Who is the Reporting Authority? – The current MCA Report raises the primary question on the reporting authority. SEBI via the Regulation 34 (2) of the SEBI (LODR) Regulations, 2015 provides for business reporting for 1000 listed entities. So, until now, the reporting authority which monitored the non-financial reporting was SEBI. But the recommended report by MCA mandates the filing of the SR in the MCA21 portal so there is likely to be an uncertainty on who is the reporting authority. Additionally apart from section 135 of the Companies Act, 2013, there is no other provision that explicitly deals with environmental and social concerns. Therefore, a need arises for an amendment in either the Act or in the Rules for incorporation of a specific provision to address the issue.
Lack of Uniformity across different Jurisdictions – One of the concerns of SR is the lack of uniformity in the accounting standards across the globe. It means that a company’s information asked in one jurisdiction might be considered as confidential and unavailable to the public at large in another jurisdiction. This uncertainty has not been addressed by the MCA report.
Tussle between Voluntary and Mandatory Reporting – The issue of voluntary and mandatory reporting still remains a challenge even after the MCA report. Although the report aims to extend the applicability of SR to all companies and LLPs, a mandatory compliance clause has still not been proposed. A mandatory requirement for some top companies while a voluntary approach for the rest does not fulfil the purpose of SR since it is a collective endeavor which is extremely important for developing countries like India.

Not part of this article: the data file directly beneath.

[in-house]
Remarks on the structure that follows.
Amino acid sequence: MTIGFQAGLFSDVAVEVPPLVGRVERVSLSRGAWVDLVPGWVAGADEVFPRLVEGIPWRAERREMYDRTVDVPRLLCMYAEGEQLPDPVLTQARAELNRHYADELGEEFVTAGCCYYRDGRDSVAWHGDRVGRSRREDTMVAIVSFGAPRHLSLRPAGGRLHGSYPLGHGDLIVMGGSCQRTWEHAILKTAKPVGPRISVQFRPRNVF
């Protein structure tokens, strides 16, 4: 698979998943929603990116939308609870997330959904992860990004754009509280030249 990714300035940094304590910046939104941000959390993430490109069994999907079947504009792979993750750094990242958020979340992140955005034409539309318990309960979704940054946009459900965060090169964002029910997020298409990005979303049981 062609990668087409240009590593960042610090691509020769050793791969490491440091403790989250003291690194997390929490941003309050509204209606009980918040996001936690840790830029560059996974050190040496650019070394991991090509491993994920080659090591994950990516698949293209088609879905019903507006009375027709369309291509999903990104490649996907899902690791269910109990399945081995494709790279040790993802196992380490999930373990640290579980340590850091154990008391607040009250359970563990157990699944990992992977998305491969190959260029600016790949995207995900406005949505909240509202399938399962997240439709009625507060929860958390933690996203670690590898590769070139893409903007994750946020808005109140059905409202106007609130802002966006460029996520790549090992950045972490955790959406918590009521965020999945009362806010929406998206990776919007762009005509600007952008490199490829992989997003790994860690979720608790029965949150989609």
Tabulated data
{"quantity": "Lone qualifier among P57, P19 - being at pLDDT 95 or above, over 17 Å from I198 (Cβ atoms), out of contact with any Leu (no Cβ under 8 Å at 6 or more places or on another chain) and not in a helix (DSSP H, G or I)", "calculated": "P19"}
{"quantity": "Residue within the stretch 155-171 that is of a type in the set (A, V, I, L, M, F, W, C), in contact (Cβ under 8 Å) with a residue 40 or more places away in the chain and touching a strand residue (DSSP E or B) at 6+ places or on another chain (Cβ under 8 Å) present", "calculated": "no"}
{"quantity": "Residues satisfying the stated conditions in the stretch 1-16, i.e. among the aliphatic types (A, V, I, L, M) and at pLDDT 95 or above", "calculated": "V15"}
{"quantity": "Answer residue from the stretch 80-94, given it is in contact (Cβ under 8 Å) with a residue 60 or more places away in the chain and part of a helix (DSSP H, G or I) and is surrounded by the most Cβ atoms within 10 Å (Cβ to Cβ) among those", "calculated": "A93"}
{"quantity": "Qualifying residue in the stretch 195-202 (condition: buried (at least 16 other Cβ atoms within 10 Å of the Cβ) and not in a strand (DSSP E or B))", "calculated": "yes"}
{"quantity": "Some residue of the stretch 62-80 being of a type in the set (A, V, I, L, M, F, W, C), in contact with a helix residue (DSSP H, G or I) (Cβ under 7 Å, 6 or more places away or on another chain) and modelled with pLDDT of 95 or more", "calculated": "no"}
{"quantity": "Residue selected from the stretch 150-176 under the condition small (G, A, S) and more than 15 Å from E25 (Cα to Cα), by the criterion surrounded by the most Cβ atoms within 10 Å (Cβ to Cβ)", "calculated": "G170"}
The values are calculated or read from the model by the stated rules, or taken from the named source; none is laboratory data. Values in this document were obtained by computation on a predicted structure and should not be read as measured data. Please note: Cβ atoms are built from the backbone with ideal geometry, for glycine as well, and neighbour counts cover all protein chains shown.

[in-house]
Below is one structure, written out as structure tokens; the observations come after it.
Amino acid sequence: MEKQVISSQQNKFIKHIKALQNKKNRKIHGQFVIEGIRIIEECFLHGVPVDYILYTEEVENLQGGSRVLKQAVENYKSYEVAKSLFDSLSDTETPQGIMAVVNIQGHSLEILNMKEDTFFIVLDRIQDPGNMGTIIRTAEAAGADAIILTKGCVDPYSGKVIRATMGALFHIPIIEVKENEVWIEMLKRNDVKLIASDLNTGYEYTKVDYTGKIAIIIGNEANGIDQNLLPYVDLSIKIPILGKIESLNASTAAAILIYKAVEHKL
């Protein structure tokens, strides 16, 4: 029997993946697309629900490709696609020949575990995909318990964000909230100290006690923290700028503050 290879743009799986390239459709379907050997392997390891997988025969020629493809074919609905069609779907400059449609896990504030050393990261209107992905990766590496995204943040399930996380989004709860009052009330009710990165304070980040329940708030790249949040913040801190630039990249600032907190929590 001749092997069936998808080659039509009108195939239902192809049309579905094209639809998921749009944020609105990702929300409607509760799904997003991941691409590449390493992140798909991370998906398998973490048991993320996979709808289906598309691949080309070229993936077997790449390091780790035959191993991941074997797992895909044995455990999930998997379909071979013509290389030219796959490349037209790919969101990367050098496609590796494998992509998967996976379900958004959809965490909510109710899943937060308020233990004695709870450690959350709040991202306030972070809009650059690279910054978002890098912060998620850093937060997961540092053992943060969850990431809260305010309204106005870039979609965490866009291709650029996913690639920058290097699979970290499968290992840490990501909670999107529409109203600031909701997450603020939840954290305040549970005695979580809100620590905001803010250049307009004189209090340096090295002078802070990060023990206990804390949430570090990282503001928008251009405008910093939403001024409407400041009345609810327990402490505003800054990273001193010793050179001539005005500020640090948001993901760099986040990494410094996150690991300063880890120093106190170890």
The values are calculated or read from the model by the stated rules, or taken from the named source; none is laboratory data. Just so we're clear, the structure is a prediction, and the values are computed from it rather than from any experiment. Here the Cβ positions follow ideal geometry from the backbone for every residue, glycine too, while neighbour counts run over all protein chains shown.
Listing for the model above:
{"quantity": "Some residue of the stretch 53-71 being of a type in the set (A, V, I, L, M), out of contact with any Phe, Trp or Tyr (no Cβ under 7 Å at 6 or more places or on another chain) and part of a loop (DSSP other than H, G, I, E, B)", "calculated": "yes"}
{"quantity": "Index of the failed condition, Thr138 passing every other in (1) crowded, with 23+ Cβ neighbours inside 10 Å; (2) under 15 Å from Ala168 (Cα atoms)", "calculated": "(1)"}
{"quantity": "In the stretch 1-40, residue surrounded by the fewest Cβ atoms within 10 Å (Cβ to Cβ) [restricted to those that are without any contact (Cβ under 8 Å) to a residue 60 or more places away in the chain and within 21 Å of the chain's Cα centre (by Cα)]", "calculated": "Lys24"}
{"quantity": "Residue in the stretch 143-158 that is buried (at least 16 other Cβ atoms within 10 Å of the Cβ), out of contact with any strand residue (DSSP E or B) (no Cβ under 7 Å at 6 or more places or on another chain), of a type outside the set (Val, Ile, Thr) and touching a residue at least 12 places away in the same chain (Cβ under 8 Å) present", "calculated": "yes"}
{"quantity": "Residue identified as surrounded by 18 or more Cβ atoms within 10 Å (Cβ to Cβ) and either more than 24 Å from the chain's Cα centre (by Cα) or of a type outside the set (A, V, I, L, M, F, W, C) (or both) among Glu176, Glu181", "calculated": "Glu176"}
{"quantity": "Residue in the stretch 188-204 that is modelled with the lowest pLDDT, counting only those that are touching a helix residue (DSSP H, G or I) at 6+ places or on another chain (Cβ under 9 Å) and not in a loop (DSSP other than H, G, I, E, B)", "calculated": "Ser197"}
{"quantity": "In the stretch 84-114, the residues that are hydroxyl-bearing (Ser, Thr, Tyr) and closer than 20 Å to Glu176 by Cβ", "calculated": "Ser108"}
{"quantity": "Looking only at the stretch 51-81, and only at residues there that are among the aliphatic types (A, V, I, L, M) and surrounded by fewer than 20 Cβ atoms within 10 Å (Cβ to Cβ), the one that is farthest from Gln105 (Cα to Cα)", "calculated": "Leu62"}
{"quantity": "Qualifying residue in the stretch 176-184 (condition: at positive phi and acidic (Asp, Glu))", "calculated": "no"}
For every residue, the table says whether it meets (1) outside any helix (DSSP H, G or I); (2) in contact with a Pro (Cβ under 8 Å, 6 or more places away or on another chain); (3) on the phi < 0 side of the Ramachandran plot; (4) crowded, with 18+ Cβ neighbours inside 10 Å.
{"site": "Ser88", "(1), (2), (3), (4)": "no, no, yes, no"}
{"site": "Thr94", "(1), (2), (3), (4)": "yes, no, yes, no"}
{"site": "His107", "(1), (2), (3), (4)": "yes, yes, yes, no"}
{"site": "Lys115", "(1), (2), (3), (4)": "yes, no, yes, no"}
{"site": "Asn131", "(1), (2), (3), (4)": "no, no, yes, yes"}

The growing importance of SR ensures that businesses recognise their environmental and social responsibilities. Not only does SR help business to sustain, it also helps banks, credit rating agencies and other financial institutions to check the performance of the companies they would be dealing with.
The MCA Report, in spite of certain shortcomings, highlights the importance of SR in the Indian Economy. This report is a major milestone that will align the country’s sustainable development goals. It will provide the much desired accuracy and quality to SR. This simple yet comprehensive source of SR will indeed lessen the reporting burden and the cost of compliance that is generally borne by the businesses. It would thus make India an attractive destination for investors and will lead to inclusive development of the companies.
[] Priyanka Jaiswal is a Final year law student at National University of Study and Research in Law, Ranchi. Her interest lies in Corporate Law.
Preferred Citation – Priyanka Jaiswal, “Analyzing the System of Sustainability Business Reporting in the light of MCA’s Proposed Framework”, Arbitration & Corporate Law Review, Published on 3rd November, 2020.
This article was reviewed by Snehal Dhote and Yagnesh Sharma